Microsoft is a DLNA member, Apple isn’t
    http://www.dlna.org/about_us/roster/
    DLNA is the industry standard for streaming AV.
    Win has good DLNA support, OSX not.
    If you want to integrate all your AV gear regardless of its brand, Win is the platform of choice.

  8. #28
    Quote Originally Posted by Vincent Kars View Post
    This is about using a PC for direct playback.
    Might be one running OSX or Win but I donít see any reason to call it a music server.
    The moment you have a PC running a server process and a client connecting to it over the network using a specific protocol (DLNA, Squeeze, DAAP, etc) you use the box as a server.
    Does this matter?
    I think it does. The moment you use the box as a server you bypass almost all of the OS audio.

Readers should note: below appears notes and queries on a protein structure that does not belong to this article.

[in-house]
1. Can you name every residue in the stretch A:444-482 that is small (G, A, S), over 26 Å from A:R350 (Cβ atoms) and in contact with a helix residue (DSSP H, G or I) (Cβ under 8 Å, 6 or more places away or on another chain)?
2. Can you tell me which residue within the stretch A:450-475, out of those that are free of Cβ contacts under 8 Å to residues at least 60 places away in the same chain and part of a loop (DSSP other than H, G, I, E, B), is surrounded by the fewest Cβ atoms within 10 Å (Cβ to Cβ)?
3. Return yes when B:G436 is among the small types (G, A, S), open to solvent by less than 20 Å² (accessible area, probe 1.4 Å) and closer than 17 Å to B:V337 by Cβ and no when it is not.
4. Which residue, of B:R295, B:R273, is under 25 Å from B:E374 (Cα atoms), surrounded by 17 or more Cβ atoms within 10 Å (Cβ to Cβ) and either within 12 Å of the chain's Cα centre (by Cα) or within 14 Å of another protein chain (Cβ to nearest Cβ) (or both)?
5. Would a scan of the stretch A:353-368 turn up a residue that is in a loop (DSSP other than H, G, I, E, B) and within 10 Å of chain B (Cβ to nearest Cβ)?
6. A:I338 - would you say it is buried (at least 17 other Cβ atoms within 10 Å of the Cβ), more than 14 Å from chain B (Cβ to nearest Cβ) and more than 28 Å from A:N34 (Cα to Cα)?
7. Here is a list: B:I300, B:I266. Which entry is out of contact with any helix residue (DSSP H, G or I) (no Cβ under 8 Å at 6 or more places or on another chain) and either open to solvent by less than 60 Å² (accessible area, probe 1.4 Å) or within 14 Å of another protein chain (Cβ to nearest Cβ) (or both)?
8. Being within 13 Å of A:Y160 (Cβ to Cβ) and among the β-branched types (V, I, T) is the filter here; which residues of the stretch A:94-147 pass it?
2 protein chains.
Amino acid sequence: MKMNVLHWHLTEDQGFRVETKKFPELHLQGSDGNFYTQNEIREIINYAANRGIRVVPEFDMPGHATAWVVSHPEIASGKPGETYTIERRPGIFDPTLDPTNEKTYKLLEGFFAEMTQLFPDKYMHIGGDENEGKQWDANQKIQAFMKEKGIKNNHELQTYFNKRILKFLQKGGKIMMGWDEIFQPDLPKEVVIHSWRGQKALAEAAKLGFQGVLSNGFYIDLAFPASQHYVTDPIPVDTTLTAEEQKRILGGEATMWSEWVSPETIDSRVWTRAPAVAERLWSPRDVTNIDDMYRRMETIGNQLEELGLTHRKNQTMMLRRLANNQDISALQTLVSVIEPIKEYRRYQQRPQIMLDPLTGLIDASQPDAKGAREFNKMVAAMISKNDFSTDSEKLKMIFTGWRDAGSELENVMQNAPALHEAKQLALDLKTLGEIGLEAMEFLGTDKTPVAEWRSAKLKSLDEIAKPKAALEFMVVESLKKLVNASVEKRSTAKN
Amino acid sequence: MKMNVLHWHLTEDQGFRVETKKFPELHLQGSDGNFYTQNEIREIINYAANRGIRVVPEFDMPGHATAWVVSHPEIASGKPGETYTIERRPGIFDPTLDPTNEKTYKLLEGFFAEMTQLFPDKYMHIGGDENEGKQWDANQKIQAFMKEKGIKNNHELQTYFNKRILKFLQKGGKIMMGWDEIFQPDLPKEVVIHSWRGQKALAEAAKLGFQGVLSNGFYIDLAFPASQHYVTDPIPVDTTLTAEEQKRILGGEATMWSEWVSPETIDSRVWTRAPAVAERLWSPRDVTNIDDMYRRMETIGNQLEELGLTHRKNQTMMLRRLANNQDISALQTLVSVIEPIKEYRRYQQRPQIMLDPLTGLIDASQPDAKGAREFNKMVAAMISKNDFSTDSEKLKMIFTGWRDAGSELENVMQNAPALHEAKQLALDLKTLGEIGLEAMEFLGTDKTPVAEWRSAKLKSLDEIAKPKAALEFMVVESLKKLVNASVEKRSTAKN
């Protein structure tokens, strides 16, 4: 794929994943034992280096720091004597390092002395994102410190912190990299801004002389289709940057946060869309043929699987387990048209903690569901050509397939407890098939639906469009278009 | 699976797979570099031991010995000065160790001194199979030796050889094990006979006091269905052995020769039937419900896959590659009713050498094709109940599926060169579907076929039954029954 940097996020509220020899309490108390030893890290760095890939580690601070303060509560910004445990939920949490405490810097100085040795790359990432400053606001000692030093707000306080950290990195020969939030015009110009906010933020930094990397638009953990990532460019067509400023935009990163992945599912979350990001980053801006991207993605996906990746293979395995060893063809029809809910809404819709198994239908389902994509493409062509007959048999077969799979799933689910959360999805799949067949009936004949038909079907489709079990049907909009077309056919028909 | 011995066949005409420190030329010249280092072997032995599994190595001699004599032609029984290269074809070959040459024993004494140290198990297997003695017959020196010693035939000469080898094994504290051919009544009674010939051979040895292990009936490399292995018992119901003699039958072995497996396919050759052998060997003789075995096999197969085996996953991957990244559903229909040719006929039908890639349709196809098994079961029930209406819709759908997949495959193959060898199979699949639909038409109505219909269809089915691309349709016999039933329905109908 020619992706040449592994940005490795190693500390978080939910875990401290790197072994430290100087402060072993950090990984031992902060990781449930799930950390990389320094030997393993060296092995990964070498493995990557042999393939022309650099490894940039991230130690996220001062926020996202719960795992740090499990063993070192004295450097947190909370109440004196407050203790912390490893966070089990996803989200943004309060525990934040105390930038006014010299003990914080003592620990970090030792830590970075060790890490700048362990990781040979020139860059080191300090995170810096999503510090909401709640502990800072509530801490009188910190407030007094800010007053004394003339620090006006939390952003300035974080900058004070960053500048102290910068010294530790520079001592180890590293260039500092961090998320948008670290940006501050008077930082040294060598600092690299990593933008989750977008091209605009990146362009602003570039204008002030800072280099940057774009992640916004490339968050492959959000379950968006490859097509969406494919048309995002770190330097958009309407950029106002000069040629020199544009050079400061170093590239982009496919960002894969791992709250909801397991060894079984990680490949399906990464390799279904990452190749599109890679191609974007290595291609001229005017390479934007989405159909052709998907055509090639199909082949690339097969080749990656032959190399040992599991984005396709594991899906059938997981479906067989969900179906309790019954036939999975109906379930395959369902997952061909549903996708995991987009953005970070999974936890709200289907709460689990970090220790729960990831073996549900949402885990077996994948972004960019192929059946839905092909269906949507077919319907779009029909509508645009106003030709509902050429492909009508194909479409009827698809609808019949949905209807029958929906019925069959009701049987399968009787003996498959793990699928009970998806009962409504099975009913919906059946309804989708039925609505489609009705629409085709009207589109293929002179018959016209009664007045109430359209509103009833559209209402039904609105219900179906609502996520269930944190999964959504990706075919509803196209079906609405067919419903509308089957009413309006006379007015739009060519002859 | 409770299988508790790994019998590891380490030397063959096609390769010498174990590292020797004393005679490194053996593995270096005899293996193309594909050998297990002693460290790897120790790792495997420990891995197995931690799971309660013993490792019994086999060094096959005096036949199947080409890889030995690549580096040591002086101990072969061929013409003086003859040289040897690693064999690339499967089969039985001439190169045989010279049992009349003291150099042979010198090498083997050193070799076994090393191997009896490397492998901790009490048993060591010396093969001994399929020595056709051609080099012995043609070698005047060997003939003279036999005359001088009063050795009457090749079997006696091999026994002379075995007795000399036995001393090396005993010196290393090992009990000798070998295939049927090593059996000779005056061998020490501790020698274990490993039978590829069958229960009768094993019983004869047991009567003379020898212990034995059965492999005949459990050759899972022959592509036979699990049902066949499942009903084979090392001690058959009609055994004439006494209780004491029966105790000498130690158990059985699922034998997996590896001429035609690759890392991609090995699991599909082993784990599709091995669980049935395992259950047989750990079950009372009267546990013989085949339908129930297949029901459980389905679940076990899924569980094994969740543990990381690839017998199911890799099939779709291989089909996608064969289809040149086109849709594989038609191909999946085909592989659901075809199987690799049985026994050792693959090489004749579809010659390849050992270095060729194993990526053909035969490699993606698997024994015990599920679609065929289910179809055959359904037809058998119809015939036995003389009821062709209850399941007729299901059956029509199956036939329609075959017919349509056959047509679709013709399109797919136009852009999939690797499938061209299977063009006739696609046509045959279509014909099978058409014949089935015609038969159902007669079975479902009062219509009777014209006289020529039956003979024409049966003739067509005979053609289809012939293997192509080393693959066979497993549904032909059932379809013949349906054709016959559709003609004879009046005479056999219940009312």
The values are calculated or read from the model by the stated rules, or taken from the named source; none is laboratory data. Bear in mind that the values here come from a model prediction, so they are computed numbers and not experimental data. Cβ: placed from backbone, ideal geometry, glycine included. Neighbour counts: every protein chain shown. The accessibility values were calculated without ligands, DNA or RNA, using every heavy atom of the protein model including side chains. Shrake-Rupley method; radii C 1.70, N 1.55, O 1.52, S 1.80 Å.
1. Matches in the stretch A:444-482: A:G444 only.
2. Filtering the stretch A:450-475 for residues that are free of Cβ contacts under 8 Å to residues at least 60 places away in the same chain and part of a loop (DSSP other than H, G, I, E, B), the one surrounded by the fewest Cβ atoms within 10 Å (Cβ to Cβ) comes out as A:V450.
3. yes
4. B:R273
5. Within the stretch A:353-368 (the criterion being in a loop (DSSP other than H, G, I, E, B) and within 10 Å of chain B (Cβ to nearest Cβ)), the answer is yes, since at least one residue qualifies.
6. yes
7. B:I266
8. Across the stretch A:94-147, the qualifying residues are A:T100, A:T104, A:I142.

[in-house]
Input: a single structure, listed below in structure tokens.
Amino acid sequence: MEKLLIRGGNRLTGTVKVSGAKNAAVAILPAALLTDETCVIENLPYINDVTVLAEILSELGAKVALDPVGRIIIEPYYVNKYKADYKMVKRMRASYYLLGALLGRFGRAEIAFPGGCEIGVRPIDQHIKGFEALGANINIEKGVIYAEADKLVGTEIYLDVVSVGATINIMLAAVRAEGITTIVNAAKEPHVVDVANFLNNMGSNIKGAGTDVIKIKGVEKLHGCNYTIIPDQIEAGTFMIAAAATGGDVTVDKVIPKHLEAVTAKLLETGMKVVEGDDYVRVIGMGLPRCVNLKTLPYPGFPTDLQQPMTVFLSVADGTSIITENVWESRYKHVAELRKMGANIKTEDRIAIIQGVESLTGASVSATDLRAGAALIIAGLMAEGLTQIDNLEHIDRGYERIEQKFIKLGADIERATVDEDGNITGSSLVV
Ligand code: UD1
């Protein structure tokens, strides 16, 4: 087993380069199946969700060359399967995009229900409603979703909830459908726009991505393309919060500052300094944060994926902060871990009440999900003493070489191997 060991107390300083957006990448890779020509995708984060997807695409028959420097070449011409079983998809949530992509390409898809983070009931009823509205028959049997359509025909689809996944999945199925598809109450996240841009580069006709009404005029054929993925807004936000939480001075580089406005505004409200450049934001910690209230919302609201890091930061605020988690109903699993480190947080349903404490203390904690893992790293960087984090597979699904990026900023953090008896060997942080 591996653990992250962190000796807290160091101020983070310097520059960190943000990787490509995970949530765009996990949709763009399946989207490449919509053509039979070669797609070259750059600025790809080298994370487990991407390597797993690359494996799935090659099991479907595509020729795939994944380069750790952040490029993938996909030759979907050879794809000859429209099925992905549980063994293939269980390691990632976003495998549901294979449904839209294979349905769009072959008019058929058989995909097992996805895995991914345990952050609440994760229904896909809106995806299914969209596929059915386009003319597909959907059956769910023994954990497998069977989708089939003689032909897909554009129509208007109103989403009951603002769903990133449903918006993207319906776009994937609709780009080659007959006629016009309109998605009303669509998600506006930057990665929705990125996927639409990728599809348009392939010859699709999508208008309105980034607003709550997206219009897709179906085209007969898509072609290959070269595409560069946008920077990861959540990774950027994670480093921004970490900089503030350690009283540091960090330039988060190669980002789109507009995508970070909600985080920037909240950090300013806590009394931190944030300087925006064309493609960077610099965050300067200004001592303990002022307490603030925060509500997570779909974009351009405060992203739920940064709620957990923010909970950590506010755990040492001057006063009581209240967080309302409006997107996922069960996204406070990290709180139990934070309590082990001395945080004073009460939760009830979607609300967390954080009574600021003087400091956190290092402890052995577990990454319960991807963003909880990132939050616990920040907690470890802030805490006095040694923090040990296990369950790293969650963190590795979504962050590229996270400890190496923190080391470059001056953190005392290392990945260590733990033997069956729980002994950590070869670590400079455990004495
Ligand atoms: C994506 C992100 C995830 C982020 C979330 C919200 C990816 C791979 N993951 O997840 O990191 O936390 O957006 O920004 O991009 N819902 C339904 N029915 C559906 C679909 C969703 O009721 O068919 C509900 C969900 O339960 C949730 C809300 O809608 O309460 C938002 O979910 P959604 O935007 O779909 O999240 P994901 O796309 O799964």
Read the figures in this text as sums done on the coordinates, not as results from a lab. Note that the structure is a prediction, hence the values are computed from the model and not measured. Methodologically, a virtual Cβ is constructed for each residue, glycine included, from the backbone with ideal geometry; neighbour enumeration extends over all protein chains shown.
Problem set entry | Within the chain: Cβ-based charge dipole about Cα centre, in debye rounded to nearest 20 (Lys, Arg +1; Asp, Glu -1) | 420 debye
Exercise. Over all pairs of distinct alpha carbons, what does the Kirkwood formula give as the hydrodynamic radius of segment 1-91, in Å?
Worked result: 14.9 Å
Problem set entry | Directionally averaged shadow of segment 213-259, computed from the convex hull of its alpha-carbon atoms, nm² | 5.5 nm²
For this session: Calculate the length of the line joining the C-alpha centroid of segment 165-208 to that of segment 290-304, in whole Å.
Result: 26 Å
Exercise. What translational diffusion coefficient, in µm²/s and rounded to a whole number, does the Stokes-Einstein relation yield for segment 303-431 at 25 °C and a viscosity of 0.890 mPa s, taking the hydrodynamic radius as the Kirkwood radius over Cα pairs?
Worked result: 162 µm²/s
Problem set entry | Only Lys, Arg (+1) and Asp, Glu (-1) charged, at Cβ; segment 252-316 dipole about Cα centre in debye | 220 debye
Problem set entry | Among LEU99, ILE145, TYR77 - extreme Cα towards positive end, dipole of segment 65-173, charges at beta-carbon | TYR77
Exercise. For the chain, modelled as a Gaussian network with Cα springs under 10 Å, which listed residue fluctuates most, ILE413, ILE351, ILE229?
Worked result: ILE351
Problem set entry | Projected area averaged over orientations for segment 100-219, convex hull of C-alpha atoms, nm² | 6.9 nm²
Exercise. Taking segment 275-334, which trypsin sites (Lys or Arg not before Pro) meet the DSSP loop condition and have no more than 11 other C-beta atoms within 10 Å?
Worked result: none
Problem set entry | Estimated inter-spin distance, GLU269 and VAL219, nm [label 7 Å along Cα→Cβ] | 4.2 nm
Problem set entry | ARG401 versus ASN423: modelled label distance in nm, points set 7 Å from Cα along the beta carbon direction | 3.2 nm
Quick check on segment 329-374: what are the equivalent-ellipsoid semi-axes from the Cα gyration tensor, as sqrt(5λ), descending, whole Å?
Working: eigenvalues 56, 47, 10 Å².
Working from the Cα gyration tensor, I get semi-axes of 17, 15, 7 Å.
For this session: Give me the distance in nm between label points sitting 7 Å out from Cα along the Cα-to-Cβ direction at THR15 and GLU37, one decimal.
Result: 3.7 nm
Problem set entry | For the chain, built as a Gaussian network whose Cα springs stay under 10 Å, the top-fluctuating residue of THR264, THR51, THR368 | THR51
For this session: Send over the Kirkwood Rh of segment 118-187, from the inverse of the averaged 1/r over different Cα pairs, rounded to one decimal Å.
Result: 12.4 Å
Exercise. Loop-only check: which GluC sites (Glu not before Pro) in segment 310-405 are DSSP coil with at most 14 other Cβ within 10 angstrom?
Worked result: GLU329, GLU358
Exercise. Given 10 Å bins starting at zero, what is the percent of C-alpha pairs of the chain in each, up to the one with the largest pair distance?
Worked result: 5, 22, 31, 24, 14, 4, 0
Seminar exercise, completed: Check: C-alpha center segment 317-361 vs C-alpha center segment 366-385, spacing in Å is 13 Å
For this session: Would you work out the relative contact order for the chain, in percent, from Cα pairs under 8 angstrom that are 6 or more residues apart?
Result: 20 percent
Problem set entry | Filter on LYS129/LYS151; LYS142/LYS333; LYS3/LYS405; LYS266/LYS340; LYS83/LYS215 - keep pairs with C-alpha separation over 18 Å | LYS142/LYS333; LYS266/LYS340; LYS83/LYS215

Win7/WMP12 Ė OSX/iTunes
    I do think the interfaces most of all have more in common that that they differ.
    Both keep it simple, an interface allowing you to do the basic things.

    Ripping
    Both have a secure mode, both are equally badly documented about how this works.
    Both donít support AccurateRip, you need dbPoweramp on Win to do so.
    Donít know if there is a OSX ripper with AccurateRip support.

    Both use an online database for tagging. In case of iTunes you have to open an iTunes account and handover your credit card number first to get cover art.
    Cover art is where iTunes shines. WMP reduces it to 250x250

    Both promote their proprietary lossless format, both donít support FLAC natively.
    Both can be configured to play FLAC using third party plug-ins.

    Drivers
    Both players wonít allow you to bypass the audio engine of the OS.
    In case of Win you can bypass the audio engine using WASAPI in exclusive mode but you need another player like J River ($50) or Foobar (free) to do so.